A Local Fable (a cautionary tale)

In the small Staffordshire village where I live there once lived a local conservative politician named Tarquin Seabag-Anatole. The villagers were already highly suspicious of him because he had various physical deformities –  specifically, one leg shorter than the other, a hump on his back and only one eye – all as a result of upper-crust in-breeding, and not suffered during military service to his country, as he always tried to uphold.

 

His political oratories were infused with what the townsfolk knew were absolute blatant lies. He would often suggest they’d never had it so good, when in reality many of them struggled to even put food on their tables. It was for this reason they laughingly nicknamed him “Too True Tarquin” and often pelted the gargoyle with rotten eggs, shouting “bastard” whenever he showed his gnarled features in public. The simple fact was the local people didn’t accept him as their representative because the iniquitous bastard didn’t even live amongst them. He lived on an enormous, country estate nestled amongst trees on the edge of town. His grand house sat on a hillside overlooking the town’s market-place with great pomposity.

 

Too True Tarquin was also an aspiring author. But so bad were his literary dribblings it was never expected that his works would see the light of day. No publisher wanted to know. In fact, the abysmal offering he attempted to pass off as a novel was so poor, unbeknownst to Tarquin Seabag-Anatole; it relegated his standing in the community to that of the village idiot.  However, with the advent of the internet his writings were suddenly given an international platform. Many of the locals noted that a marked number of internet trolls around the world were beginning to eagerly look forward to the serialised blog version of his novel that his nasty little fingers were industriously tapping out each week.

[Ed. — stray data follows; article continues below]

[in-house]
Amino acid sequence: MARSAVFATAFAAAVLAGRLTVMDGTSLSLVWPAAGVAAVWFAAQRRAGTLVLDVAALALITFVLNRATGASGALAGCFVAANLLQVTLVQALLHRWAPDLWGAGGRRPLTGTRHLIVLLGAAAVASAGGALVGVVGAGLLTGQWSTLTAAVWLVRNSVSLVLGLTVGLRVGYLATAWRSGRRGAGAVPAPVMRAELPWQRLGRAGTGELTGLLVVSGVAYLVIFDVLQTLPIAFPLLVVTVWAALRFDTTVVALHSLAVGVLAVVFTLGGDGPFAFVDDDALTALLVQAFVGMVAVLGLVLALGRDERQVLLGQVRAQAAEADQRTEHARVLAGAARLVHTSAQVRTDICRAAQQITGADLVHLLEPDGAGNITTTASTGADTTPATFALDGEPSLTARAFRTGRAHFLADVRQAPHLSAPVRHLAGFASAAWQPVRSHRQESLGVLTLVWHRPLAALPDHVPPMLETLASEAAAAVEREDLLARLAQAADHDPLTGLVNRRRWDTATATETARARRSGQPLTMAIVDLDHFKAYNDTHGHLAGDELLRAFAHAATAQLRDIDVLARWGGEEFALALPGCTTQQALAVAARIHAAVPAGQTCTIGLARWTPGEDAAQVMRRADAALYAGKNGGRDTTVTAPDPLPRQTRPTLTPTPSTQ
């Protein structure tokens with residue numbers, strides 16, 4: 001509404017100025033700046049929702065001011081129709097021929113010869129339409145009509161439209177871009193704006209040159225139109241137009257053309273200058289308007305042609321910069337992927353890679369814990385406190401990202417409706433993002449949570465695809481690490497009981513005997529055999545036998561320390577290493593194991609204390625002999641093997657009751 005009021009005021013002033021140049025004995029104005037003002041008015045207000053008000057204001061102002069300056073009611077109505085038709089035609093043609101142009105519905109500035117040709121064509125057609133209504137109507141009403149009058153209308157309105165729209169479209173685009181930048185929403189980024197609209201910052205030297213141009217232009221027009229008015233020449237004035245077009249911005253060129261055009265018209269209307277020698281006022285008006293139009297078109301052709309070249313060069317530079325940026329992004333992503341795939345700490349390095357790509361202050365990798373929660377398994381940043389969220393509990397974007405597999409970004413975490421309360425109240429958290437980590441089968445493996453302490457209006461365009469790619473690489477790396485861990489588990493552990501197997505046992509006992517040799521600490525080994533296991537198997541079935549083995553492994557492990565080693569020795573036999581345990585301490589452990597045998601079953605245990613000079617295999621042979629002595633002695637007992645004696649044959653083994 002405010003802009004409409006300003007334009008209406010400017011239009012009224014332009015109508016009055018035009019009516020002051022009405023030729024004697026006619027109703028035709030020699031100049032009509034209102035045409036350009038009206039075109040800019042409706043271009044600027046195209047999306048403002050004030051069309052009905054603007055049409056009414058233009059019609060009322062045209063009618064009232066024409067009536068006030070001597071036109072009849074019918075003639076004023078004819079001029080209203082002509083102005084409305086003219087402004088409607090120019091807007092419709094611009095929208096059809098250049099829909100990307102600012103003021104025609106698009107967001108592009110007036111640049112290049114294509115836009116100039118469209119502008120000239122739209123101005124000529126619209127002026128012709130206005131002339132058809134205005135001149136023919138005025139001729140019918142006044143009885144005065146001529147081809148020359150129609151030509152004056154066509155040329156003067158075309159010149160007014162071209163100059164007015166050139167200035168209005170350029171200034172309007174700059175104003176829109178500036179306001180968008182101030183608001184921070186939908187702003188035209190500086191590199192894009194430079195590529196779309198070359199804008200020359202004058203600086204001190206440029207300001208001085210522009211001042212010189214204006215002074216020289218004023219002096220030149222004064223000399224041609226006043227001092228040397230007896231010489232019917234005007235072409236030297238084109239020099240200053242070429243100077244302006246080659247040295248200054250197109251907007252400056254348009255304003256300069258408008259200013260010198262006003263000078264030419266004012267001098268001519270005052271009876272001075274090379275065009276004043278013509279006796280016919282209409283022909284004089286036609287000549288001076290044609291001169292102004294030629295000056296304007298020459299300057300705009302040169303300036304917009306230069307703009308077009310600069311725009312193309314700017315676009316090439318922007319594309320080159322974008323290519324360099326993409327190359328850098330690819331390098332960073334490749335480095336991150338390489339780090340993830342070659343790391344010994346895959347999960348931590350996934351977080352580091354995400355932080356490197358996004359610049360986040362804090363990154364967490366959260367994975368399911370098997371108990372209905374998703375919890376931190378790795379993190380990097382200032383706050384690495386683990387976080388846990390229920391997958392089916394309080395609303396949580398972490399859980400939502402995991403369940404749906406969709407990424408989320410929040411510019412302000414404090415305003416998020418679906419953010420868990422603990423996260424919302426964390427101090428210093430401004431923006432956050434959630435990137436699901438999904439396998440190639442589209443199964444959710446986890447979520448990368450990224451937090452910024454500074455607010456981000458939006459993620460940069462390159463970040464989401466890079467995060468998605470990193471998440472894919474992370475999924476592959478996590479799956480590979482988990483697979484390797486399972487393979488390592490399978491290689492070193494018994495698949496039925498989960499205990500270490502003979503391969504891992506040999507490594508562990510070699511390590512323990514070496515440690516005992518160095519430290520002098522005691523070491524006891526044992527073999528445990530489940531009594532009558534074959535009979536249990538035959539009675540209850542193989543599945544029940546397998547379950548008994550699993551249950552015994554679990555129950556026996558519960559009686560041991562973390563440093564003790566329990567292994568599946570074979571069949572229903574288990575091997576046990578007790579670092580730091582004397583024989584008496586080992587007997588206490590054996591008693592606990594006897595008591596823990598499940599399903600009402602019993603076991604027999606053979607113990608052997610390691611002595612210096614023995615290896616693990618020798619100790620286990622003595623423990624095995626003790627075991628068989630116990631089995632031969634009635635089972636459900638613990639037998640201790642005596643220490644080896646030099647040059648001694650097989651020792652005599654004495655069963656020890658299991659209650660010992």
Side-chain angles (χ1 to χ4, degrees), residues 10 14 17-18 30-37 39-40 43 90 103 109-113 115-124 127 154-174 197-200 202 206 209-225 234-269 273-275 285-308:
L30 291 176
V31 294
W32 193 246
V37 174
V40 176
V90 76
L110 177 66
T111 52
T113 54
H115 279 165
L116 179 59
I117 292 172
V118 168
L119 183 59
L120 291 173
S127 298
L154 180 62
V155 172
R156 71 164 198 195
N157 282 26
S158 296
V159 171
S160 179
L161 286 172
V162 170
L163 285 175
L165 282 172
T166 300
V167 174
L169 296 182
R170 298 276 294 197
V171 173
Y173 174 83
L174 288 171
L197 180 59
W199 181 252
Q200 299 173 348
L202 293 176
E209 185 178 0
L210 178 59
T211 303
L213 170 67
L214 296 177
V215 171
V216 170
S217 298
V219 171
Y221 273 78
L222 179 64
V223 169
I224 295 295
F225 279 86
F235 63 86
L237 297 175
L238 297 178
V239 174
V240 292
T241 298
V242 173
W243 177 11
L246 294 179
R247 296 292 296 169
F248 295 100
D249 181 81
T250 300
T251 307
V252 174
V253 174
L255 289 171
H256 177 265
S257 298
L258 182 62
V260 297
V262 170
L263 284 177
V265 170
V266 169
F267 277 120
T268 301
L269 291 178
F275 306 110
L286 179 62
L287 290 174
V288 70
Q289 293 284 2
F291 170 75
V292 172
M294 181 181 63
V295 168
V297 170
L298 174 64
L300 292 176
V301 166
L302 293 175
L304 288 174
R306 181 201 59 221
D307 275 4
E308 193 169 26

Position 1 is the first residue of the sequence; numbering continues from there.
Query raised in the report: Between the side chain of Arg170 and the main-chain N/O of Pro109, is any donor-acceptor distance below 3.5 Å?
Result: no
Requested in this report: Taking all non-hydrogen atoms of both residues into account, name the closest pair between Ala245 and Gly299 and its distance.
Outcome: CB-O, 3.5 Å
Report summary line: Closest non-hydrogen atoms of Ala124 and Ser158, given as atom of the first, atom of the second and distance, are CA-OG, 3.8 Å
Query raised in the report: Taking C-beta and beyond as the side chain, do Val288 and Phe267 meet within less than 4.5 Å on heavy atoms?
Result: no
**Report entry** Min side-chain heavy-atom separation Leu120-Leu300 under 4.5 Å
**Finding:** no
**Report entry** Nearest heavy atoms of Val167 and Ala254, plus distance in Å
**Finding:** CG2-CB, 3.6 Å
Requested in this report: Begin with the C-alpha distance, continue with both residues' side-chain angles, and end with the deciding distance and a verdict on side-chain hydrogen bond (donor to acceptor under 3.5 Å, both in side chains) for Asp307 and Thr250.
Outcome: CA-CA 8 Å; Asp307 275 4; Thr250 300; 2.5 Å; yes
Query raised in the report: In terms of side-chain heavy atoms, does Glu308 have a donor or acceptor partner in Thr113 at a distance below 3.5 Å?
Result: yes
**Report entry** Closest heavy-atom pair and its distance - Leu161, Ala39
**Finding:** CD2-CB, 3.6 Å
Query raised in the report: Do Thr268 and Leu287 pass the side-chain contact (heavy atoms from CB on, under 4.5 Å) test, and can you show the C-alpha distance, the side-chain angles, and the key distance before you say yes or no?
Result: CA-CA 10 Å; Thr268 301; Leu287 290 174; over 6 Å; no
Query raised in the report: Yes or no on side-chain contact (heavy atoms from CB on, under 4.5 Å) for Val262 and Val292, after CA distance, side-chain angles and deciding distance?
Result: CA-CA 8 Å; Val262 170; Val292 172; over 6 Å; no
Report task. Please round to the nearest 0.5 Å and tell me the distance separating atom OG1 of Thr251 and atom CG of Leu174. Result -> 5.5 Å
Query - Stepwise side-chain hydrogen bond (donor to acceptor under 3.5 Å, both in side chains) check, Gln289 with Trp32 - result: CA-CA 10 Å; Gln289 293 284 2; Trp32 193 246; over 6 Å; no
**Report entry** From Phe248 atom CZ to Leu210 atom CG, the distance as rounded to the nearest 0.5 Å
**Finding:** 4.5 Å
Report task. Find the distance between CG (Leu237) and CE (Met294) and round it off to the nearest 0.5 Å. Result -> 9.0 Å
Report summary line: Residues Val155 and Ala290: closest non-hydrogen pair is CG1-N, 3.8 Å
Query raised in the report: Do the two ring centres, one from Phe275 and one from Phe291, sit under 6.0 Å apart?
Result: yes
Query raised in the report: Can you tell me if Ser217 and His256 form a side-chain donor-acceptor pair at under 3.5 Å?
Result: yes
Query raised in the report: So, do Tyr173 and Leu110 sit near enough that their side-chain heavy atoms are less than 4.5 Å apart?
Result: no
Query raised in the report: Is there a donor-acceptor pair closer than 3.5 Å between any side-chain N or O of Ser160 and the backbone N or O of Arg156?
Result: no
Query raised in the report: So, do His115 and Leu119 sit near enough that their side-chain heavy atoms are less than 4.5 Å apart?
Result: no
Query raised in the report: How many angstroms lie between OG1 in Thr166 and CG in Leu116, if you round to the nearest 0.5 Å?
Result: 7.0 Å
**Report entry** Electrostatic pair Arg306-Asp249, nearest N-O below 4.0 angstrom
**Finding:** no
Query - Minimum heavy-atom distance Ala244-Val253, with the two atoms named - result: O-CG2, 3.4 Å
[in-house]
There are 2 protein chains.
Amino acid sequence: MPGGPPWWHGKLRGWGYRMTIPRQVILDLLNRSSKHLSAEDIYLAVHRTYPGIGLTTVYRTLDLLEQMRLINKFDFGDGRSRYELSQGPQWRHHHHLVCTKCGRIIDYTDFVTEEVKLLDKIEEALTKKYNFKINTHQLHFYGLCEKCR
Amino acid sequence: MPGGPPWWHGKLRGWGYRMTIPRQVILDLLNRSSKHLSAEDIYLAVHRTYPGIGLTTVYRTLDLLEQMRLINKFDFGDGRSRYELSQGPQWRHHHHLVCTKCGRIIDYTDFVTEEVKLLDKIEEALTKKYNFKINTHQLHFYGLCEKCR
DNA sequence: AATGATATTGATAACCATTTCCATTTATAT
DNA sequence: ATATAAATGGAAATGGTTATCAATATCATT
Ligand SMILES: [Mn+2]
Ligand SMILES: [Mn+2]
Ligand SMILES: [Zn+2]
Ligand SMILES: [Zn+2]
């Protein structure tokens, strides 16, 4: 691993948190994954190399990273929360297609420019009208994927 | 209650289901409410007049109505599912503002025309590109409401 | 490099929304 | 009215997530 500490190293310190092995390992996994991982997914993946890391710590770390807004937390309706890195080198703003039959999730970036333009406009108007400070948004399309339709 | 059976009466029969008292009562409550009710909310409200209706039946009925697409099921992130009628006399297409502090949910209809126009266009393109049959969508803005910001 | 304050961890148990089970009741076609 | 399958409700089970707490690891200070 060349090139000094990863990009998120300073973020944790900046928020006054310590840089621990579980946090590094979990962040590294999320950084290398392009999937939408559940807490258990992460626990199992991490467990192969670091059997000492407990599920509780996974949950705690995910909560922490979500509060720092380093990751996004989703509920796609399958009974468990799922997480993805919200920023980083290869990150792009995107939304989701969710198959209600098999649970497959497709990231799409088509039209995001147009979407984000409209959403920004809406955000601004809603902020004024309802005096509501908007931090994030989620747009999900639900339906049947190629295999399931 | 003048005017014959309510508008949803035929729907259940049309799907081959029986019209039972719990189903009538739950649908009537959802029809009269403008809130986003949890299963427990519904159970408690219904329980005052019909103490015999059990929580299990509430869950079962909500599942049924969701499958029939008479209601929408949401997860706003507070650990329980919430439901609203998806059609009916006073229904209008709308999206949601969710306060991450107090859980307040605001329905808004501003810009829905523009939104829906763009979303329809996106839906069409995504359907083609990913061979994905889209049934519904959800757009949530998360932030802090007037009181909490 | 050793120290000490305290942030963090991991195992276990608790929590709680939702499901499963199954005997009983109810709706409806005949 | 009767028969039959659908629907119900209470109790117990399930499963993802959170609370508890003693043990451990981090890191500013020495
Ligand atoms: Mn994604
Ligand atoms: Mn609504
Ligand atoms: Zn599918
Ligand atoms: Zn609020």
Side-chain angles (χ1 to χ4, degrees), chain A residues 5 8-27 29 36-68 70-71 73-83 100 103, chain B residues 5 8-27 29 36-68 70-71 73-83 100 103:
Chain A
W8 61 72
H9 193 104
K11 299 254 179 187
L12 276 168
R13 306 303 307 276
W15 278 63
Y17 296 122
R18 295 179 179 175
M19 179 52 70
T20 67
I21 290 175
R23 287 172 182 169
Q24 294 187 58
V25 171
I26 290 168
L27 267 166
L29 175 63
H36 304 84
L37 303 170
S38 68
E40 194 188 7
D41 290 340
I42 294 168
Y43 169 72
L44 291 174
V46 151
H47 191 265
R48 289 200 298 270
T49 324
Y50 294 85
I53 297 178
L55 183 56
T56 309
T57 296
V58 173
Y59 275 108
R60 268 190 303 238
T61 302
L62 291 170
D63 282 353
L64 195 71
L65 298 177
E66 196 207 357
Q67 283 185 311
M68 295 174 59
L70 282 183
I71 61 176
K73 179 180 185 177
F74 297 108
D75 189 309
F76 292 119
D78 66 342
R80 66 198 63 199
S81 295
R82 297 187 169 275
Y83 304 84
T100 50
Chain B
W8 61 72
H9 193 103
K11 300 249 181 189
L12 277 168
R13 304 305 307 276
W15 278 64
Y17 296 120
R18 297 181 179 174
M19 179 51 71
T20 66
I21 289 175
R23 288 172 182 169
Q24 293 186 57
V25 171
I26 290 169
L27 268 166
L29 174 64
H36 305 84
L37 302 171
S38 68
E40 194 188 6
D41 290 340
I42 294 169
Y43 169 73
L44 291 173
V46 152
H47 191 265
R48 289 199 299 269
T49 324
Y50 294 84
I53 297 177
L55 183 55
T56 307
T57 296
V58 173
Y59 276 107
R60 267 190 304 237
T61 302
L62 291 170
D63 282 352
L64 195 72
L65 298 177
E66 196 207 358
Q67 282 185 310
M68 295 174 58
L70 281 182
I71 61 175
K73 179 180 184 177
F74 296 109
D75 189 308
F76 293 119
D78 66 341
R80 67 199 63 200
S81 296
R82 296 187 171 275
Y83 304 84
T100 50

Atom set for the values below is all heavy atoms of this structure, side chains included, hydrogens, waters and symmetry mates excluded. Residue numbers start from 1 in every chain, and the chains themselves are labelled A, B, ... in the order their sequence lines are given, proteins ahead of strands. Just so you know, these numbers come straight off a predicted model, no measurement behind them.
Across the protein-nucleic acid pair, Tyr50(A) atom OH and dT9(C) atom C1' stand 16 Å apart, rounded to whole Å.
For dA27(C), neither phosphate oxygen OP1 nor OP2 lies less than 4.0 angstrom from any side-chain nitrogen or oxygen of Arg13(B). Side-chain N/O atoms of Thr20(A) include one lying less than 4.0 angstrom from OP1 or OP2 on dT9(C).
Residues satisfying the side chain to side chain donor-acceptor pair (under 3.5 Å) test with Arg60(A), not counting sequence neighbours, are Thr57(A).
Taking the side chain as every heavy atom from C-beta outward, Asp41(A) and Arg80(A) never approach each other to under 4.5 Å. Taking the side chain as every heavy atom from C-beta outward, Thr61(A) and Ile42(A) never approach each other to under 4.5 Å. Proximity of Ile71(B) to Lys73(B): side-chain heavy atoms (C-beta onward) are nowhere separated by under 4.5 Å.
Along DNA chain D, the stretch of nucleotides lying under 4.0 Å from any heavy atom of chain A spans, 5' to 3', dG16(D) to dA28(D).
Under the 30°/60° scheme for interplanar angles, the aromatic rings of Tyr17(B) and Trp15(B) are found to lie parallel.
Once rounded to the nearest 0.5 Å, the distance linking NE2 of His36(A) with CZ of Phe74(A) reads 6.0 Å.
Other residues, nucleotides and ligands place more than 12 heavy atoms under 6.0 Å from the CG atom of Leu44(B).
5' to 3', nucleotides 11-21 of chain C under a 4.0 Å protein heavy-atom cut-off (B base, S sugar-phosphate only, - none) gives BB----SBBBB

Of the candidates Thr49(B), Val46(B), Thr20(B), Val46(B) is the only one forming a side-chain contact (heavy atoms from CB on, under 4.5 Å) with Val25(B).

The locals were extremely concerned and formed a committee forthwith. The committee met at the local pub one evening where it was decided something had to be done before a greedy major publisher were to notice the seven-hundred and fifty-thousand visitors to his blog.  After all, quality didn’t matter to them, they were only interested in the sound of the cash register; and the last thing the townsfolk needed was this scumbag being given a soapbox for his bullshit.

 

The following evening a group of men from the village waited until nightfall before lighting torches and marching up the hill, through the trees, and surrounding the hated politician’s mansion. They shouted for him to come out like a man and when he refused they set fire to the house, sending the coward screaming from his back door like a little girl. It was here that another division of the peoples’ committee lay in wait and seized upon his spineless being.  From here it was that they dragged him kicking and screaming back down the hill and all the way to the town square. Ignoring his pleas for mercy and empty promises of bread and fish-a-plenty for everyone they held him aloft and tossed him down the well.

 

Published by

u.v.ray

"Road Trip & Other Poems is a thrilling read. Loaded with darkness, drugs, blood and midnight wanderings. It Pulses with energy, a 24 hour no-sleep cyclone" - Neon Literary Magazine.

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